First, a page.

I go into the kitchen and turn on the two pots, one with meat sauce and the other without. In the refrigerator are a couple bowls of "Fixings" I chopped  earlier that they can choose as toppings. Grated cheddar, chopped sweet onion, parsley and cilantro from our garden. The aroma of roasting brings her down the stairs.

Her cheeks have those mascara streaks. I wipe them off her face with my hand.

“Come just enjoy being together.”

“O.K. Mom but it was mean.”

“No, I don’t think he meant to be – he wanted to be in charge this one time.”

“It’s not fair.”

I hug her, “it is fine, let it go.”

Waiting on her, I fill a Santa bowl with steamy beans. Sometimes hot food and a piece of cornbread can turn things around. She smiles that she gets the good bowl. We once had three, but the others were cracked and gone.

Going back into the living room, Carson has progressed quickly and now has picked only the handmade ornaments. Bless those teachers who convinced their class to finish a Christmas ornament for their parents tonight. He has also included some toy cars from his bedroom. A red Hot Wheels Camaro and a green muscle car hang in the front. The two are tied with the twine from the tree. It’s not our usual showy silver and gold design, but his delight.

When Carson was finished we stoked the fire and streached out on the floor in front of his modest tree. Happiness came over each of us. Carson got to do it his way, Blair will have more time to study and I won't have to clean up much.

May you appreciate things simple. I wish you a Merry Christmas.



Blair's handmade ornament with puzzle pieces and her hand print. The teacher who did this with her class was so loving. Thank you and Merry Christmas.

Antique ornaments: the turquoise ones with star shaped centers were ones I found in the basement of my Gerardo Grandparent's house nine years after the Holyoke Massachusetts house was sold. They were in a little cardboard box in between the studs. My grandfather once had an elaborate train set that wound around the whole basement. I think my cousin Butch got the set.  The bells on the far right were a present from my neighbor at 6th Helena Drive. She had Alzheimer's. She often wandered to my house to sit in my studio or pretend to play the piano. Sometimes she only wore a bra. Her husband gave these after her funeral.
"She loved when you made her tea. I'll be damned how she could remember your name and not even know her own." He said when he gave me those wrapped in tissue at Christmas.
I once had almost twenty glass snowmen. They symbolize a fleeting fun of winter. Below the feet of the center chubby glass guy are two shell ornaments. Those are the first ones I bought with babysitting money in the 1970's. The silver bell was given to me by Aunt Brandy when Blair was born 1991, it needs some polishing every year.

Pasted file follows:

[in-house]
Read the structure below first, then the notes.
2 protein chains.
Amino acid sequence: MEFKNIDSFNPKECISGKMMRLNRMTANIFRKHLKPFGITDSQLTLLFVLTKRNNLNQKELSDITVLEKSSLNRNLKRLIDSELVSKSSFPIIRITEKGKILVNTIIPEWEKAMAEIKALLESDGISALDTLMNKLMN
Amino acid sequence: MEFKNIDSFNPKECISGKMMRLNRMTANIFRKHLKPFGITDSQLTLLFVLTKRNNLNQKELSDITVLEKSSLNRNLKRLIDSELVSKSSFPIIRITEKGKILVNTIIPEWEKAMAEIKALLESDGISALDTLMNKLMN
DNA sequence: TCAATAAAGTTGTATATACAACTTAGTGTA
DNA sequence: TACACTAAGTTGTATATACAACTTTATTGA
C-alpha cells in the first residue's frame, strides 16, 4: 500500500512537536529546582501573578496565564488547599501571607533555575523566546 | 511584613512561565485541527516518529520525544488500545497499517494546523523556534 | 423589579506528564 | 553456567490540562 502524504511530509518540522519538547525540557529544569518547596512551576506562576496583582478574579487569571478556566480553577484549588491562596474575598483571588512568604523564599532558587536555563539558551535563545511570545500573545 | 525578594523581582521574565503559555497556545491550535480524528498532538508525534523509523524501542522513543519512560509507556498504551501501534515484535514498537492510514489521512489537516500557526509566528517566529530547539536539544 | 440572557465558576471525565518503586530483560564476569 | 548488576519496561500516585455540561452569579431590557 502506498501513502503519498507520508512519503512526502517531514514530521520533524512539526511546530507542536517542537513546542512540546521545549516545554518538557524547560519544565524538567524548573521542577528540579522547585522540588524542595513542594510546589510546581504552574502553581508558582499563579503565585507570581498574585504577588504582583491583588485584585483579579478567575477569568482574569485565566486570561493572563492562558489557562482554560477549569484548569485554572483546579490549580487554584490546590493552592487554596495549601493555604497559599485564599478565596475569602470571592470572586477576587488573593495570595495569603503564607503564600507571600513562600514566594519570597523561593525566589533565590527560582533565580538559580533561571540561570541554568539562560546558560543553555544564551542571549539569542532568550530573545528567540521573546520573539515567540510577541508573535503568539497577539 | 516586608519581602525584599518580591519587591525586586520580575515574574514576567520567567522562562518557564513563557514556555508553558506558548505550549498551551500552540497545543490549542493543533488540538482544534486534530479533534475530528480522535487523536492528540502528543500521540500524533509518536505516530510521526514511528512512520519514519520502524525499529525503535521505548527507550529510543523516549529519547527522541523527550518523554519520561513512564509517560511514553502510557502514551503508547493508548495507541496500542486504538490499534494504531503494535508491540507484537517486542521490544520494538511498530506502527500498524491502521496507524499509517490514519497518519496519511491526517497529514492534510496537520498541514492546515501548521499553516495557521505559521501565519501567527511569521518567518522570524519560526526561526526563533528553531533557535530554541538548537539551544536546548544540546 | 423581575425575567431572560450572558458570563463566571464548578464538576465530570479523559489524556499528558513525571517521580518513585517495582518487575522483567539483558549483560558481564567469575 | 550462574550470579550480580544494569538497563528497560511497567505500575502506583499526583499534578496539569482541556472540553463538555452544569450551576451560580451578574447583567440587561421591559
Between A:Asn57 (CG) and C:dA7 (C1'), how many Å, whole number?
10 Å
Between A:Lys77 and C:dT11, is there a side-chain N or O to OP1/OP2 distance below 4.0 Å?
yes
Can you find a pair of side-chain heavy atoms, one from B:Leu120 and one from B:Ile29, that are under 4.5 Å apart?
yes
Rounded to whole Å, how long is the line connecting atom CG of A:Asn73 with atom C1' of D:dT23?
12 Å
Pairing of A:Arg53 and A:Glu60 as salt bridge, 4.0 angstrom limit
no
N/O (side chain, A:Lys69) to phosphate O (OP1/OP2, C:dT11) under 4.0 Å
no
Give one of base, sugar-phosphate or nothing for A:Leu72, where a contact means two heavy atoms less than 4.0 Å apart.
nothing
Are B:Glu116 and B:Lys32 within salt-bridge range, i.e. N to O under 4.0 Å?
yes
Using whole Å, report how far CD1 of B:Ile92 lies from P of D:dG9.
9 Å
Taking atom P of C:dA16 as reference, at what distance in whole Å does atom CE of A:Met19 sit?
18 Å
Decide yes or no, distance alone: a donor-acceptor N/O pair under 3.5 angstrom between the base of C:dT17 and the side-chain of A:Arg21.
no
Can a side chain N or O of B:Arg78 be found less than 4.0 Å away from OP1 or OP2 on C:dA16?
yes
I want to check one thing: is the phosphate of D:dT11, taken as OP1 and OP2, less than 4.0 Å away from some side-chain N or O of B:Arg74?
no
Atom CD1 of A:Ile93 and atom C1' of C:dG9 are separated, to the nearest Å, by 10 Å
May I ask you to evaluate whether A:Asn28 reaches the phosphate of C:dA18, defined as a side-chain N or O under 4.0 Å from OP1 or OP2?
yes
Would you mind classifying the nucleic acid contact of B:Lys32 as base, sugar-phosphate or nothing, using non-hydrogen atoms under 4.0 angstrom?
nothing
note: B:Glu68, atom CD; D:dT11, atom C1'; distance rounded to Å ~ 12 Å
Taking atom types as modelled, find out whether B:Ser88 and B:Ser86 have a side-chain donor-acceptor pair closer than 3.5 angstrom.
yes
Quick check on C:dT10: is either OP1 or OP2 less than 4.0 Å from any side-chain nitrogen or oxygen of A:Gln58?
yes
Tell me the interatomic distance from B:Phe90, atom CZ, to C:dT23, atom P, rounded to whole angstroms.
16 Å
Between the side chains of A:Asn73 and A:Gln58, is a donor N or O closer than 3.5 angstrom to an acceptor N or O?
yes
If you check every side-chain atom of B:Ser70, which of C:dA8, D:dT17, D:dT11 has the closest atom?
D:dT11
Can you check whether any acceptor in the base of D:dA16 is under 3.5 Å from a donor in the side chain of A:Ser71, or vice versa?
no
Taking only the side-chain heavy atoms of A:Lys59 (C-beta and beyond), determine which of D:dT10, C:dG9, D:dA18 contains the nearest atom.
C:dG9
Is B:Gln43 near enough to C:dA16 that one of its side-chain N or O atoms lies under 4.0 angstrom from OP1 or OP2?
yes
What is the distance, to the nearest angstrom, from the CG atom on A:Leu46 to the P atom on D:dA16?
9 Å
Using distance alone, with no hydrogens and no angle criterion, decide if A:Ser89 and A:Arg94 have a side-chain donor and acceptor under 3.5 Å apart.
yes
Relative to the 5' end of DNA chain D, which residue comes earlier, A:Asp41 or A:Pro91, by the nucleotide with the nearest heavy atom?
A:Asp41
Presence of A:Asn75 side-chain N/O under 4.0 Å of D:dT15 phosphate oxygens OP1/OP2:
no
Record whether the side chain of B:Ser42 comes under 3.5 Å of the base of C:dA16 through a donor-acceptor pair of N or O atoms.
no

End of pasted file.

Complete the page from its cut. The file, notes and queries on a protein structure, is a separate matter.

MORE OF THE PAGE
The pear is one of Blair's favorites. I bought that at Macy's in New York 1988.

Hand prints I get out for Christmas
I have three wooden Pinocchio's but there is one pointing his nose at and ornament Carson made in 5th grade. Also above right corner one with a grape wreath around Carson at his first Christmas 1996.

Chandelier crystals from the light fixture that was once in the Alta Vista house in Bakersfield. Funny how they have come full circle and that fixture would demand a pretty penny today as shabby chic. The yellow crystals are from the Pomona Building, on Holt. I think it is mostly torn down.
Top right those gold fiberglass balls were the only decoration your Great Grandmother Rufener owned. She had a gentleman who owned the florist on Chester Avenue come and bring decorations every Christmas. He would box and take them after New Years. Something strange about that memory of Ann Rufener not actually touching and my joy of unwrapping each surprise old friend.

The giant iridescent bubbles were from a glass blower in Laguna. I bought those in 1989.

There in the bottom right corner is the mouse man that Carson picked at Roger's Gardens with Tony Smith, Ali and Boo. Tony told all three they could pick any ornament they wanted.

Hand painted rose clear one top left I made for Noni then years later she gave it to me. Noni had a zest for life. She loved to decorate for every holiday. Do you recall her costumes for Snoopy? He had a Valentines outfit and would have red hearts everywhere, then March everything would be green for St Patrick's Day... The mouse ornament is bottom center. Every Christmas Carson would put him in the front and Blair would move him to the rear.

Actions are signs ~ tea leaves reveal hearts in wind ~ dancing wash for all.

A haiku to end my little story. Copyright 2013 Caroline Gerardo